A San Francisco judge resentenced Mayor London Breed’s brother, Napoleon Brown, to a shorter prison term on Monday in a more than two decades-long case involving a woman's death on the Golden Gate Bridge after a string of robberies.
San Francisco Superior Court Judge Brendan Conroy ruled from the bench in a decision that could see Brown released within the year. The case has captured public attention because of its links to San Francisco’s mayor and prior discussions over potential conflicts of interest inside the District Attorney’s office.
“Mr. Brown is entitled to a full resentencing,” Conroy said before handing down a revised sentence of 31 years and four months based on Brown's convictions for robbery and other offenses. Brown was originally sentenced to 44 years for an involuntary manslaughter conviction that has since been overturned.
Brown, who has been in prison for nearly 22 years, could be out in fewer than 12 months based on the new sentencing and credits for time served.
Before announcing his sentence, Conroy said he could not release Brown immediately on time served because he could not ignore his criminal history, adding that, in this particular case, someone died.
Despite not getting everything his client had asked for, the ruling was a victory for Brown, his lawyer Marc Zilversmit said.
“We are happy that the sentence was reduced by 13 years. We’re disappointed it wasn't reduced further,” Zilversmit said.
Brown was sentenced in 2005 following a conviction for murder, carjacking and a string of robberies in 2000 that resulted in his girlfriend’s death on the Golden Gate Bridge.
Lenties White was hit and killed by a drunk driver after she exited a car she had been driving on June 19, 2000. Prosecutors had alleged that Brown was in the car and had pushed White out of it.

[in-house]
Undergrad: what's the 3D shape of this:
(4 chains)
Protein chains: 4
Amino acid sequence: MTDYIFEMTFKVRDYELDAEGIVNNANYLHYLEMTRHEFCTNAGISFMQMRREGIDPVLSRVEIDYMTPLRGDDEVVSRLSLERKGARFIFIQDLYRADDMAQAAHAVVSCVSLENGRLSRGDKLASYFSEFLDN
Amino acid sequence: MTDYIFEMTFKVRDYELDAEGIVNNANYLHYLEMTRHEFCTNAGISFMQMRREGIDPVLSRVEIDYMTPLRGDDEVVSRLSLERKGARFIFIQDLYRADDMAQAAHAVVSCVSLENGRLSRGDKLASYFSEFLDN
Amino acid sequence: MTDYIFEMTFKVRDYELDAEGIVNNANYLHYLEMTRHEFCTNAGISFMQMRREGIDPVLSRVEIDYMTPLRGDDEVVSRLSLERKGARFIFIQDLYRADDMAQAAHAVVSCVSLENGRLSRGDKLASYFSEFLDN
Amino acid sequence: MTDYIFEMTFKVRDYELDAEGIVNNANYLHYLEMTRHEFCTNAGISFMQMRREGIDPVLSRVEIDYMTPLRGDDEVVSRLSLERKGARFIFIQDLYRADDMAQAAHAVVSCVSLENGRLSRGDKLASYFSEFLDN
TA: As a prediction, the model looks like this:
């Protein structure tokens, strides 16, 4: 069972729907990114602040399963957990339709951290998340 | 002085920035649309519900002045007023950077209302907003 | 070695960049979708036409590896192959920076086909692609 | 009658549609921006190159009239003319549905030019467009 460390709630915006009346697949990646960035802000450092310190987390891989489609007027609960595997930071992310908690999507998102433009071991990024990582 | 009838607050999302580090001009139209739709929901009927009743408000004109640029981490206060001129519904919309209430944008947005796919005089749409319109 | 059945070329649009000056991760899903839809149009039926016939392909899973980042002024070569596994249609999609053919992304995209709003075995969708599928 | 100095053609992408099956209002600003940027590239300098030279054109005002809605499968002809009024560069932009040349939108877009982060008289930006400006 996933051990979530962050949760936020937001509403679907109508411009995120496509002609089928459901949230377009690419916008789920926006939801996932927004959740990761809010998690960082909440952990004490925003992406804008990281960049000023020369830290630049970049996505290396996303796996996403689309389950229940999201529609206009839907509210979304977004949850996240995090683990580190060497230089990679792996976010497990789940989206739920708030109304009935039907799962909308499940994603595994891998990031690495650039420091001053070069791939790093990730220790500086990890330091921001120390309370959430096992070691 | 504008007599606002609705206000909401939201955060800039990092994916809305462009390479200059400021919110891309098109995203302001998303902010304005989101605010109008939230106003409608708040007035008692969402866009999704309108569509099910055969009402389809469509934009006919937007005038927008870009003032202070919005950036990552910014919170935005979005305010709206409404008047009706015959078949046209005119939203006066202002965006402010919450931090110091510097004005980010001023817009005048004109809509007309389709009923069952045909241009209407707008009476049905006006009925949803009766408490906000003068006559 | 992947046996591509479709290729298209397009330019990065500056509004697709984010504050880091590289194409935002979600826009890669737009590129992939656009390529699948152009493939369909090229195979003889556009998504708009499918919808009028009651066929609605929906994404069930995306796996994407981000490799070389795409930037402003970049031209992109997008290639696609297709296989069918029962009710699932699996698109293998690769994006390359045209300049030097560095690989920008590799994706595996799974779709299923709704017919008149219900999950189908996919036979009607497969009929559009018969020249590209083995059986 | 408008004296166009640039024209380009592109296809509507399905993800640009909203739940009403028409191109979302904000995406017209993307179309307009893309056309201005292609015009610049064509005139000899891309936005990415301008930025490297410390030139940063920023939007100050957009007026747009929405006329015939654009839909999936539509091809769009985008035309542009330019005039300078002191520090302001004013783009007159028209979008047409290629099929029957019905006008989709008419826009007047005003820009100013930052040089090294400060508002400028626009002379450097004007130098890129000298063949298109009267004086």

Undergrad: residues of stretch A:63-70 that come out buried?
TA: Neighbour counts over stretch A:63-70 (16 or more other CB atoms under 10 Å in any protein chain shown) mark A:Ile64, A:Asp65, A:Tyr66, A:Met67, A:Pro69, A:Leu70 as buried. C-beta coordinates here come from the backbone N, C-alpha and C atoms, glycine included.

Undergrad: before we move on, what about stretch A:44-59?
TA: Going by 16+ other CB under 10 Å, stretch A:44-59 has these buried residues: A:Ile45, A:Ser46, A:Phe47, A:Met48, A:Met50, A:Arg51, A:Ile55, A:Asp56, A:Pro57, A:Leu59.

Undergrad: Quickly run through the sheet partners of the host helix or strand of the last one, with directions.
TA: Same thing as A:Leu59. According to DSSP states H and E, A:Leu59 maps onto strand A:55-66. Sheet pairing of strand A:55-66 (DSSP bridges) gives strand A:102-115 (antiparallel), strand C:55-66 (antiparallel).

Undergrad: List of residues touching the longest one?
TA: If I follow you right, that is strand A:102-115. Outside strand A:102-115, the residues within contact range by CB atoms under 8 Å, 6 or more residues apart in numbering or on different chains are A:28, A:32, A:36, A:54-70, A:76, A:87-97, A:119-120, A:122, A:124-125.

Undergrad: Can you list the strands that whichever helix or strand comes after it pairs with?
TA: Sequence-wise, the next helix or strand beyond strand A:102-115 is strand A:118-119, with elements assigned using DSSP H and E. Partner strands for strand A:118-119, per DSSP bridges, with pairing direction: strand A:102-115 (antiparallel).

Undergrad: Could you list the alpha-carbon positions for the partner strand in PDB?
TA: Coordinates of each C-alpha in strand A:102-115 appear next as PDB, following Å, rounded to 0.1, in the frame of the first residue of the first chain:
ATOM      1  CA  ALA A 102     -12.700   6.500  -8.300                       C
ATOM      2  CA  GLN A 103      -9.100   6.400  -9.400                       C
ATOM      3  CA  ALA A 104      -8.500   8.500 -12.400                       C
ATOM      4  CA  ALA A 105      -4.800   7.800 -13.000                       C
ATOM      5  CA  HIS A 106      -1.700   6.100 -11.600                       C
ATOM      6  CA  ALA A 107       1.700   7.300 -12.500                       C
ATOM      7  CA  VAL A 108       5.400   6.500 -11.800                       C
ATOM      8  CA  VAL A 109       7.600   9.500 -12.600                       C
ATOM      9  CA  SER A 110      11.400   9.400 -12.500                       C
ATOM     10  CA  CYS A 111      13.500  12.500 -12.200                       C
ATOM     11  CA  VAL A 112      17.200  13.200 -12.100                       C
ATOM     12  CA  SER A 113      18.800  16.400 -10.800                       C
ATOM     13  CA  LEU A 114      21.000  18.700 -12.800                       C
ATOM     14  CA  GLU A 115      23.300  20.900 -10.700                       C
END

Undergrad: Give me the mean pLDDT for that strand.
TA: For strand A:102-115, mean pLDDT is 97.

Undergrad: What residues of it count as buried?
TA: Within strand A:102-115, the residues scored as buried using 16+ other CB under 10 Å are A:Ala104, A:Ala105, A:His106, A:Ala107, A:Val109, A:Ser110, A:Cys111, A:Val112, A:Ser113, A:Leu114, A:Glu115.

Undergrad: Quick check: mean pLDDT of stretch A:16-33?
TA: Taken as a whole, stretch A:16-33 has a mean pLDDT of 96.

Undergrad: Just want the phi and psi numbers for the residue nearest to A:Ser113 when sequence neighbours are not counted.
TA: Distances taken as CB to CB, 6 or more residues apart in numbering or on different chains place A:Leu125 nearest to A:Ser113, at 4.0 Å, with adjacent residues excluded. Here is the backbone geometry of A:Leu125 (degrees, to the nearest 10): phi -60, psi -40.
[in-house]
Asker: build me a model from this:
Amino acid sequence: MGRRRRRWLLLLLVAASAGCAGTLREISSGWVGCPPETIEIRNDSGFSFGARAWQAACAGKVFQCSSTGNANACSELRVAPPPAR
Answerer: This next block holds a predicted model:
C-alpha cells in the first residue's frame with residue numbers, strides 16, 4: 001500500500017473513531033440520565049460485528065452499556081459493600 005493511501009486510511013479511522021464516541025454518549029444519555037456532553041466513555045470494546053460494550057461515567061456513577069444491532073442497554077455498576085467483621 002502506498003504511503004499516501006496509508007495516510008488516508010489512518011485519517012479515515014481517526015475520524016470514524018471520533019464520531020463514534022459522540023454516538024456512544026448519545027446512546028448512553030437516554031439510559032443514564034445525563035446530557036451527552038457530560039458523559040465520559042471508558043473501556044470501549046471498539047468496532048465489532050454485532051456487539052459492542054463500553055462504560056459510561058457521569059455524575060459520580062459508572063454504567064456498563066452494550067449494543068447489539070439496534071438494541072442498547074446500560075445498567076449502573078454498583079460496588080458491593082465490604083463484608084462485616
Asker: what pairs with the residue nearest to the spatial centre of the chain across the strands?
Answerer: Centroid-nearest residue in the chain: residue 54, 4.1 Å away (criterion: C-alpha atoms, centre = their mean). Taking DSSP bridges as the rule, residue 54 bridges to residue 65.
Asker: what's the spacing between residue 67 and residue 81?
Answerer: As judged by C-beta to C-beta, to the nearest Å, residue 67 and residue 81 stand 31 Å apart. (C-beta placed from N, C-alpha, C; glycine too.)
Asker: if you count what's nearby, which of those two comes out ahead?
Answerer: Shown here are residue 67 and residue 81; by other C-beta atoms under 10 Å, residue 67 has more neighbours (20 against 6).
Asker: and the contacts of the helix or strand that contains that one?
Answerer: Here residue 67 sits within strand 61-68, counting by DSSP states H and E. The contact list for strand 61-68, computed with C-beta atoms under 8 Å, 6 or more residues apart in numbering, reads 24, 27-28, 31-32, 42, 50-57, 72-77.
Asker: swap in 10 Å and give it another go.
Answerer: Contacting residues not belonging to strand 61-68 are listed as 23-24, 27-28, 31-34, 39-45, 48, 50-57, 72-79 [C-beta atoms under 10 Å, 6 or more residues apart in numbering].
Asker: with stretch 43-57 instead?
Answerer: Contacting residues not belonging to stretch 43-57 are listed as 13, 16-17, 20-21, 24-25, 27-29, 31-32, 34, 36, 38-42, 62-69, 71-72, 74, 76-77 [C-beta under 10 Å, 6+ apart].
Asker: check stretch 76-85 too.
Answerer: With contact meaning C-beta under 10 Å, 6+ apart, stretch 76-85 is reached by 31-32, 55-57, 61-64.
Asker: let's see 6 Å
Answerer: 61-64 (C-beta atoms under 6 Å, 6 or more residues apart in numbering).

In a retrial granted because of ineffective counsel, Brown pleaded no contest to involuntary manslaughter. Last year, Brown asked the court to reconsider his sentencing.
When Brown was sentenced, state law allowed first-degree murder convictions if someone died during a felony crime, regardless of any intent to kill. California later narrowed its definition of felony murder, which allowed for resentencing petitions like Brown’s.
Prosecutors have opposed Brown’s bid for a new sentence.
“We think he was the actual killer,” Ana Gonzalez, chief assistant district attorney, said in an earlier hearing. “If a person throws someone in front of a train, they are the actual killer.”
Gonzalez said that Brown has yet to take responsibility for his actions on the Golden Gate Bridge where White was killed.
On Monday, Gonzalez read a witness statement from a man who Brown robbed in the Marina on the day White was killed.
“I ask that you please not release him, on behalf of me and my family. I fear for my life,” Romero Angel Saucedo wrote in the statement.
Brown wrote in a letter to the court that he understands his actions were harmful. In numerous letters, Brown’s family and friends have argued that he was a changed man, Zilversmit said.
Under the previous district attorney, Chesa Boudin, prosecutors had indicated they would not oppose the resentencing.
DA Brooke Jenkins recused herself from the case over potential conflicts of interest. Requests by the defense for the California Attorney General’s Office to take over the prosecution were declined because the state said the DA’s firewalls were enough to protect the integrity of the case.